During my time in the USA in 2006, I was exposed to ‘The Watchmen’. It’s a graphic novel that was written in 1986/87 as a 12 part comic series. It was later combined into a graphic novel and became one of the best known and well written graphic novels of all time.
Why did it take me 20 years to read? I really don’t know, but as soon as I read it and LOVED it, I heard rumblings about a movie that was going to be made. The movie rights were actually bought back in 1986 by 20th Century Fox.
5 years later and nothing concrete could be written or decided on, until the project moved to Warner Bros, and Terry Gilliam chosen to direct it. I think he would have been a good match for this movie, but because Gilliam’s movie’s tend to go over budget (or not be made at all), the studio only gave them $25 Mil and it was decided that the film would not be made. Gilliam pulled out and called the film ‘unfilmable’.
So the movie then moved to Universal Pictures and a new scriptwriter was employed. David Hayter turned in his first draft of the script in 2002. The movie was meant to start filming in 2004. The project again fell apart at both Universal and Revolution Pictures.
In December 2005, Warner Bros were again attached to the project and Zack Snyder was asked to direct after his successful adaption of ‘300’ for the screen. Alex Tse was asked to write the script and finally the film was a goer.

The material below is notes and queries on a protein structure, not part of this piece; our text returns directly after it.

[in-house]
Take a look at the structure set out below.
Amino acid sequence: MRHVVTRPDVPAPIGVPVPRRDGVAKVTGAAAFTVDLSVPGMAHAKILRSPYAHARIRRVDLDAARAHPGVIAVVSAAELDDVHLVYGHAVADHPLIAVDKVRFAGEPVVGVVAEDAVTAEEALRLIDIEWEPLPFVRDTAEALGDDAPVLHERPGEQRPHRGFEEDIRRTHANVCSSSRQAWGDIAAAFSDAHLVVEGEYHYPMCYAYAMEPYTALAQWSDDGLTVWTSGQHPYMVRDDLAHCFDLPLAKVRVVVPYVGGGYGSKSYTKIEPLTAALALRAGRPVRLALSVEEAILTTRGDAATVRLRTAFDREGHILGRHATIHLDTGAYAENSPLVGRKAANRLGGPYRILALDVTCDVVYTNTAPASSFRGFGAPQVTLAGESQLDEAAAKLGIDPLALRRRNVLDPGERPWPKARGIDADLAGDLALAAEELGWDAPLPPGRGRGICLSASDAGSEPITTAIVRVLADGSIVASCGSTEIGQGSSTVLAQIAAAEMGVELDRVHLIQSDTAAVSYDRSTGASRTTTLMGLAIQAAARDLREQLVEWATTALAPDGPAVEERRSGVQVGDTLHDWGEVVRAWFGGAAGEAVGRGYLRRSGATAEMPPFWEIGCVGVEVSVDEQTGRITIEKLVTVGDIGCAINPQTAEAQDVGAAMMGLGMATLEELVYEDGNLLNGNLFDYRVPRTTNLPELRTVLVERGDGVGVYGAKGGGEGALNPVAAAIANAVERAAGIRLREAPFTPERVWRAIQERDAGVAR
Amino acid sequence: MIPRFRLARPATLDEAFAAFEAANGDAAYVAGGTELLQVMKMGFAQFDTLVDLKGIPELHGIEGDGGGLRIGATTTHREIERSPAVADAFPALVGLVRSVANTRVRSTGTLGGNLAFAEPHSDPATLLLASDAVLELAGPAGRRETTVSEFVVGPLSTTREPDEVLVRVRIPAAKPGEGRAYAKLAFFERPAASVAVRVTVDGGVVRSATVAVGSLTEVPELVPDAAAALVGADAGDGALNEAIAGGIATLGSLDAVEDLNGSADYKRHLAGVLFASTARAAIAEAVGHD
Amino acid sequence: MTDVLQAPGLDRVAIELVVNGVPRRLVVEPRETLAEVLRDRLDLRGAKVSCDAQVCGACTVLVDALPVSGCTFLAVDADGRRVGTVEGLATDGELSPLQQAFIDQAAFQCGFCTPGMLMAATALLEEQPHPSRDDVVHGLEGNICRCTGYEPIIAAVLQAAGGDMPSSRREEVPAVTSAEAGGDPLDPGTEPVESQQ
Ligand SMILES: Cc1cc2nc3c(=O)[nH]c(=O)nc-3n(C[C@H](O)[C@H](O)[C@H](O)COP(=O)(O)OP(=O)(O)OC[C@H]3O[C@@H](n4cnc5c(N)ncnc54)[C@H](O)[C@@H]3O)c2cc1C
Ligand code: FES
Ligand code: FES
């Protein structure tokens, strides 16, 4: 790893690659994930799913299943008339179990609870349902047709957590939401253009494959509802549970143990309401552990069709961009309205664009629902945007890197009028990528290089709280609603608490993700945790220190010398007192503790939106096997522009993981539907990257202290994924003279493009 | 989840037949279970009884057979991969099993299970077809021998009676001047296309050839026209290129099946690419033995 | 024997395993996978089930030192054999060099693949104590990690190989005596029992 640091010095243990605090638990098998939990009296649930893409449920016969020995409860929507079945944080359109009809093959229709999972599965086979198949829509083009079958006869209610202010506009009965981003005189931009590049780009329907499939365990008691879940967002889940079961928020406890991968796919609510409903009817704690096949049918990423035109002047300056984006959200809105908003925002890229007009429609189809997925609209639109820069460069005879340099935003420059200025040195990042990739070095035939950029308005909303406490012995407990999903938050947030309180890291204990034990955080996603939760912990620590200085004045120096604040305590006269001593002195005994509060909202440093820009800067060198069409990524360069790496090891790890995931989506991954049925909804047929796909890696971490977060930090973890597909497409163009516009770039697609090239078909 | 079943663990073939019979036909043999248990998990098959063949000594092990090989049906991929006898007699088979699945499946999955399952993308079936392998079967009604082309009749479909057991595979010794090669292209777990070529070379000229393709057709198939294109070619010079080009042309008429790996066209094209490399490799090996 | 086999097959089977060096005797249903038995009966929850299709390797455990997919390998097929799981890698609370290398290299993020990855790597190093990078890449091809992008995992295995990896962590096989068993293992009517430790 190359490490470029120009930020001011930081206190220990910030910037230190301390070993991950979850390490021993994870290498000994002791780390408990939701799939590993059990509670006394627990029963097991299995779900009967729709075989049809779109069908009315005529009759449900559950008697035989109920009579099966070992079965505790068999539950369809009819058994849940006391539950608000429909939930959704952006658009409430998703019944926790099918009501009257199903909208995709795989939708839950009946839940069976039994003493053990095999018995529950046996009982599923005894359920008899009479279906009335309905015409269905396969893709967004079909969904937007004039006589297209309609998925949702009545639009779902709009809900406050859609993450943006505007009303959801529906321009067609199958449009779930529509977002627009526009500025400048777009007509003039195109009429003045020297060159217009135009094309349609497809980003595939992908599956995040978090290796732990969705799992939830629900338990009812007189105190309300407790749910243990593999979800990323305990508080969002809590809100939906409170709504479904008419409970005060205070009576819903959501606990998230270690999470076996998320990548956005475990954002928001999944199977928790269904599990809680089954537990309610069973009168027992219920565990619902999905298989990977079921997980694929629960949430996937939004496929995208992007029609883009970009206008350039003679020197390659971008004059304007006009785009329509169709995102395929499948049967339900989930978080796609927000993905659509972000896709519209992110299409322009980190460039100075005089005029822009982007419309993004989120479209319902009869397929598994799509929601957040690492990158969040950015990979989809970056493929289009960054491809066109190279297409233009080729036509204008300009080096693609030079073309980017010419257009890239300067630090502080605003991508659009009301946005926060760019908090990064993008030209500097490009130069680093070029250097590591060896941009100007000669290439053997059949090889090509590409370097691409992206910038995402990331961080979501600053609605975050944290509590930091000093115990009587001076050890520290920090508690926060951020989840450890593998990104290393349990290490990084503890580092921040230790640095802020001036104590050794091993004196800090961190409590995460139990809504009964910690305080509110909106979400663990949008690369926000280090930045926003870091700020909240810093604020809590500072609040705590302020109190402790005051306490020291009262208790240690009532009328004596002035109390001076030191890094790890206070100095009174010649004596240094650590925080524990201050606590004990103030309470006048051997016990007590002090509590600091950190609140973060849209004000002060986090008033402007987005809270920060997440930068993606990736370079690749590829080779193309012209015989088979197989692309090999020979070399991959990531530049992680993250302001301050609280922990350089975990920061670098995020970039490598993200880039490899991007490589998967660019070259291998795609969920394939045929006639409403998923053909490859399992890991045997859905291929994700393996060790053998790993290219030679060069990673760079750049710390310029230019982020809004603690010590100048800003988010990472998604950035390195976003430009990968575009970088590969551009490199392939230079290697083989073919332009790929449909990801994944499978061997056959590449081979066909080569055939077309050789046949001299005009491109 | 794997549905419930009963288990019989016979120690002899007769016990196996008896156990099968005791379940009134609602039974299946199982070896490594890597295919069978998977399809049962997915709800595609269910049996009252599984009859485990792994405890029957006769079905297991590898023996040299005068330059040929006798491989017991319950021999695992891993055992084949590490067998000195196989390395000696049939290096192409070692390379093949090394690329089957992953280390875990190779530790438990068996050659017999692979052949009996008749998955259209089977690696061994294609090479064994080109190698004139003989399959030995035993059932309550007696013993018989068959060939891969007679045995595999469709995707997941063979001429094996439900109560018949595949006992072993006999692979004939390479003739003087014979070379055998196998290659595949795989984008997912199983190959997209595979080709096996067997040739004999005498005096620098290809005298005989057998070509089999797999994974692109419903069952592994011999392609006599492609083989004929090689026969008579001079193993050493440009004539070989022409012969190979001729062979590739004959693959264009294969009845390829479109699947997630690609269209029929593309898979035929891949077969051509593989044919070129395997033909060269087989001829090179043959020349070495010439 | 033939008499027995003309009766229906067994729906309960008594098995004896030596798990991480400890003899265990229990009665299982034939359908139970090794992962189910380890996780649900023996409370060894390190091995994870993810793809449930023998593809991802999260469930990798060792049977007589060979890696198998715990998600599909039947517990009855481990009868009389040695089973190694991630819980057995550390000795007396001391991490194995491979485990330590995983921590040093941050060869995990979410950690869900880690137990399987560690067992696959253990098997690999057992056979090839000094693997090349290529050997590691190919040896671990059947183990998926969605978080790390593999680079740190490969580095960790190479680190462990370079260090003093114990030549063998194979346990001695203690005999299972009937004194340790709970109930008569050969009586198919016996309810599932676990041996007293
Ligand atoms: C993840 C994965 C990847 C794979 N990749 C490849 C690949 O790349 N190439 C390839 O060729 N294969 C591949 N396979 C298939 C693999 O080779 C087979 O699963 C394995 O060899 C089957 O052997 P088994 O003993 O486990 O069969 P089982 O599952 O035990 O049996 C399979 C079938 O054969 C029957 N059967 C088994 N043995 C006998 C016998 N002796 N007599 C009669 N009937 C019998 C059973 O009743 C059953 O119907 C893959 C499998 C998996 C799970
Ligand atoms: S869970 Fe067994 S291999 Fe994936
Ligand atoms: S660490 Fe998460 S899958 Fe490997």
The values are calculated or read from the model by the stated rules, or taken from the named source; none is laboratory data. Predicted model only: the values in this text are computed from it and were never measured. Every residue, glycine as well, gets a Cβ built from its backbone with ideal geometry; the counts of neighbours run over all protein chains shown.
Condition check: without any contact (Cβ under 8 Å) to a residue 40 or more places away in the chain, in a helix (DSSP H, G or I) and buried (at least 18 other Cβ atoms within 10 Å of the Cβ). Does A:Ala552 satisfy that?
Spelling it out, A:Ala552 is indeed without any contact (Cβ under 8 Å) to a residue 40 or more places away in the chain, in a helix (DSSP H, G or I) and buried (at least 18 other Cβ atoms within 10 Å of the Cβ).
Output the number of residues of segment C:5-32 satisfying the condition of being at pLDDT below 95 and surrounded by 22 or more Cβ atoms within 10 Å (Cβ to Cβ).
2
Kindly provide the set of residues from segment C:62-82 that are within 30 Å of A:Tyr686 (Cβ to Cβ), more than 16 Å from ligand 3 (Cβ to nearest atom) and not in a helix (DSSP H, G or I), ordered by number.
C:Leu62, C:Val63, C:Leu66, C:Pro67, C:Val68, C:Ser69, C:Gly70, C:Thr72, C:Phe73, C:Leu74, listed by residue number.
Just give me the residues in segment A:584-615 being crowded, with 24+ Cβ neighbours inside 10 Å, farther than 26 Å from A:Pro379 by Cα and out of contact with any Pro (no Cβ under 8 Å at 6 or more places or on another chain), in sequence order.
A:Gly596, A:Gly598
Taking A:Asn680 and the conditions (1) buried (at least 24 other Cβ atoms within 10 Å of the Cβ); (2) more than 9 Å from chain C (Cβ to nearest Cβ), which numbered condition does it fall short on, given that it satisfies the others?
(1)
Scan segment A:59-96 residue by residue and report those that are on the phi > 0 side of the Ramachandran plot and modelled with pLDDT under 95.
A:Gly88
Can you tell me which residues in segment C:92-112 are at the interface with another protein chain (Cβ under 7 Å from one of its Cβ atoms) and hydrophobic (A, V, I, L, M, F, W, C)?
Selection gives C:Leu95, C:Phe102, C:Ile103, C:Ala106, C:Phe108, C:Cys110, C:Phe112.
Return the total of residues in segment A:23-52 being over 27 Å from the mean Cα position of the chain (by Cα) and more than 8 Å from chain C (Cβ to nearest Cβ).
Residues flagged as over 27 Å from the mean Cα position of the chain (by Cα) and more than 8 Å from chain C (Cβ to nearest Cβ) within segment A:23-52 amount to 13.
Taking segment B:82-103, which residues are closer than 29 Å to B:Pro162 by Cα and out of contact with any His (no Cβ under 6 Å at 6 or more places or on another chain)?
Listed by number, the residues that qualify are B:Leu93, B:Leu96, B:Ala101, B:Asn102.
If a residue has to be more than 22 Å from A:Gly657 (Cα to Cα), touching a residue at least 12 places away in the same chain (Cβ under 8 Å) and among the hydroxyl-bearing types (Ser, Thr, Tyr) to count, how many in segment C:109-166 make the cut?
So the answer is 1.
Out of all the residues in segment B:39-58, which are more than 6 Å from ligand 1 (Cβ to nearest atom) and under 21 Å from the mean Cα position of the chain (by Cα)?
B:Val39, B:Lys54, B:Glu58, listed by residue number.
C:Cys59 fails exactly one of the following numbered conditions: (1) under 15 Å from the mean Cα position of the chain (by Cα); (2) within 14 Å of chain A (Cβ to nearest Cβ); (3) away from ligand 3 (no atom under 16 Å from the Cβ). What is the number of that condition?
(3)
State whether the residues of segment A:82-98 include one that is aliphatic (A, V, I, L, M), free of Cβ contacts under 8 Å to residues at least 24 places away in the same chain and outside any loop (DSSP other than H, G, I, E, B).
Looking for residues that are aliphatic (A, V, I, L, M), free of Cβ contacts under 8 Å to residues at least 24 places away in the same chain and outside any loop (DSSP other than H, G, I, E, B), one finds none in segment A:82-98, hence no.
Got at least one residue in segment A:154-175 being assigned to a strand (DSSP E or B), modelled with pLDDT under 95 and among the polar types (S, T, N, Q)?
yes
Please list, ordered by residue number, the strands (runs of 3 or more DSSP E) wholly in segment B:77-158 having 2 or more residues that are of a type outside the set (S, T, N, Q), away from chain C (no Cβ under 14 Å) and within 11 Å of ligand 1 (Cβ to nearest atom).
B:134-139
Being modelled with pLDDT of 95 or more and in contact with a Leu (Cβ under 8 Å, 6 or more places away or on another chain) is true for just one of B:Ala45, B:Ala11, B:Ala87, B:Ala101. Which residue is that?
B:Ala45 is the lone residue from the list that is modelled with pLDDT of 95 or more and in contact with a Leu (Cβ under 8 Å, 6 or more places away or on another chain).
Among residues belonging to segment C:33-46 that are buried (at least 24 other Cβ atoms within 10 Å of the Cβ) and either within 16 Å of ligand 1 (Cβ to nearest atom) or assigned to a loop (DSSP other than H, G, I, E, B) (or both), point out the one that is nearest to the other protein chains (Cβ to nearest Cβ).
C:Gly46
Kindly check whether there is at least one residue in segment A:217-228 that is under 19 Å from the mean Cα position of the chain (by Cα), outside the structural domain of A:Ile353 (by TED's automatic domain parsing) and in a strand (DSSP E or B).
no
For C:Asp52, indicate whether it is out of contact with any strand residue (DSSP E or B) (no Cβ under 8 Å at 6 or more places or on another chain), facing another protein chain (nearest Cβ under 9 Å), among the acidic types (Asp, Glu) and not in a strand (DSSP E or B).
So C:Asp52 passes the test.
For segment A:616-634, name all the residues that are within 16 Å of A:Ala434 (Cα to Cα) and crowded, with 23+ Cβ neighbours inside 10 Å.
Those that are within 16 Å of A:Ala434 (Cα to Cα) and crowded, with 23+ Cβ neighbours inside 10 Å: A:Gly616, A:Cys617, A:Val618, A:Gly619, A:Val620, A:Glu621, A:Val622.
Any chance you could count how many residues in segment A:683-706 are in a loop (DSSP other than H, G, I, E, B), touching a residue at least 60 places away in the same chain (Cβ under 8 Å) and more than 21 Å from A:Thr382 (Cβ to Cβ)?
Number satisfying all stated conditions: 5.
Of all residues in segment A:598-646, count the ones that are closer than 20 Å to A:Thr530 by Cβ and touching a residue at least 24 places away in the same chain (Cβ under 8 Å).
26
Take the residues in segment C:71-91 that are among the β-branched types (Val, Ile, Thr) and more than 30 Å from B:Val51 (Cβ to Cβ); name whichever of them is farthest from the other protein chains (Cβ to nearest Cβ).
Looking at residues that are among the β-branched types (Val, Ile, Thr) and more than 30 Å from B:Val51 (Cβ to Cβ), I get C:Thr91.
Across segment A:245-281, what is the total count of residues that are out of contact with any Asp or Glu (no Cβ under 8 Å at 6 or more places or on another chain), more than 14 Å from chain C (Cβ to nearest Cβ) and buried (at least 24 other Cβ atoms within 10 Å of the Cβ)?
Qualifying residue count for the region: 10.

Apart from some legal wrangling with 20th Century, the project went pretty smoothly and became the movie that was released a few weeks ago.
Firstly, it has to be said that the comic is a very cerebral read. It’s not your standard BANG, KAPOW, FLUMP!! read. It is very complex, with magazine and newspaper articles intermingled with ‘real-life’ extracts of books. There is also a sub-story called ‘Tales of the Black Freighter’. This is being ‘read’ by a character in the comic and progresses through each issue along with the rest of the main story. To say this comic is complex is probably an understatement. Even after 2 reads I have not taken it all in. I will definitely have another crack at it soon though.
Ok, so. The MOVIE!
It came out a few weeks back as I said, but because of holidays, a broken foot and some busy weeks, I haven’t had a chance to see it. Also, it goes for around 160 minutes, so you need a fair whack of time to devote to it!
The first thing I liked about this movie is the casting. You don’t have Jessica Alba’s or Robert Downey Jr’s or Arnold Schwarzenegger’s here. You’ve got relatively unknown actors like Malin Akerman (27 Dresses), Billy Crudup (Almost Famous) and Jeffrey Dean Morgan (Grey’s Anatomy). I think it helps, when coverting a well known comic book to the big screen, that you see the character on the screen, and not a ‘Captain Sparrow’, or ‘Lara Croft’. This did, however, mean that one character, Ozymandias, played by Matthew Goode, really didn’t work for me. I thought his acting left a lot to be desired and it distracted me in the scenes that he was in.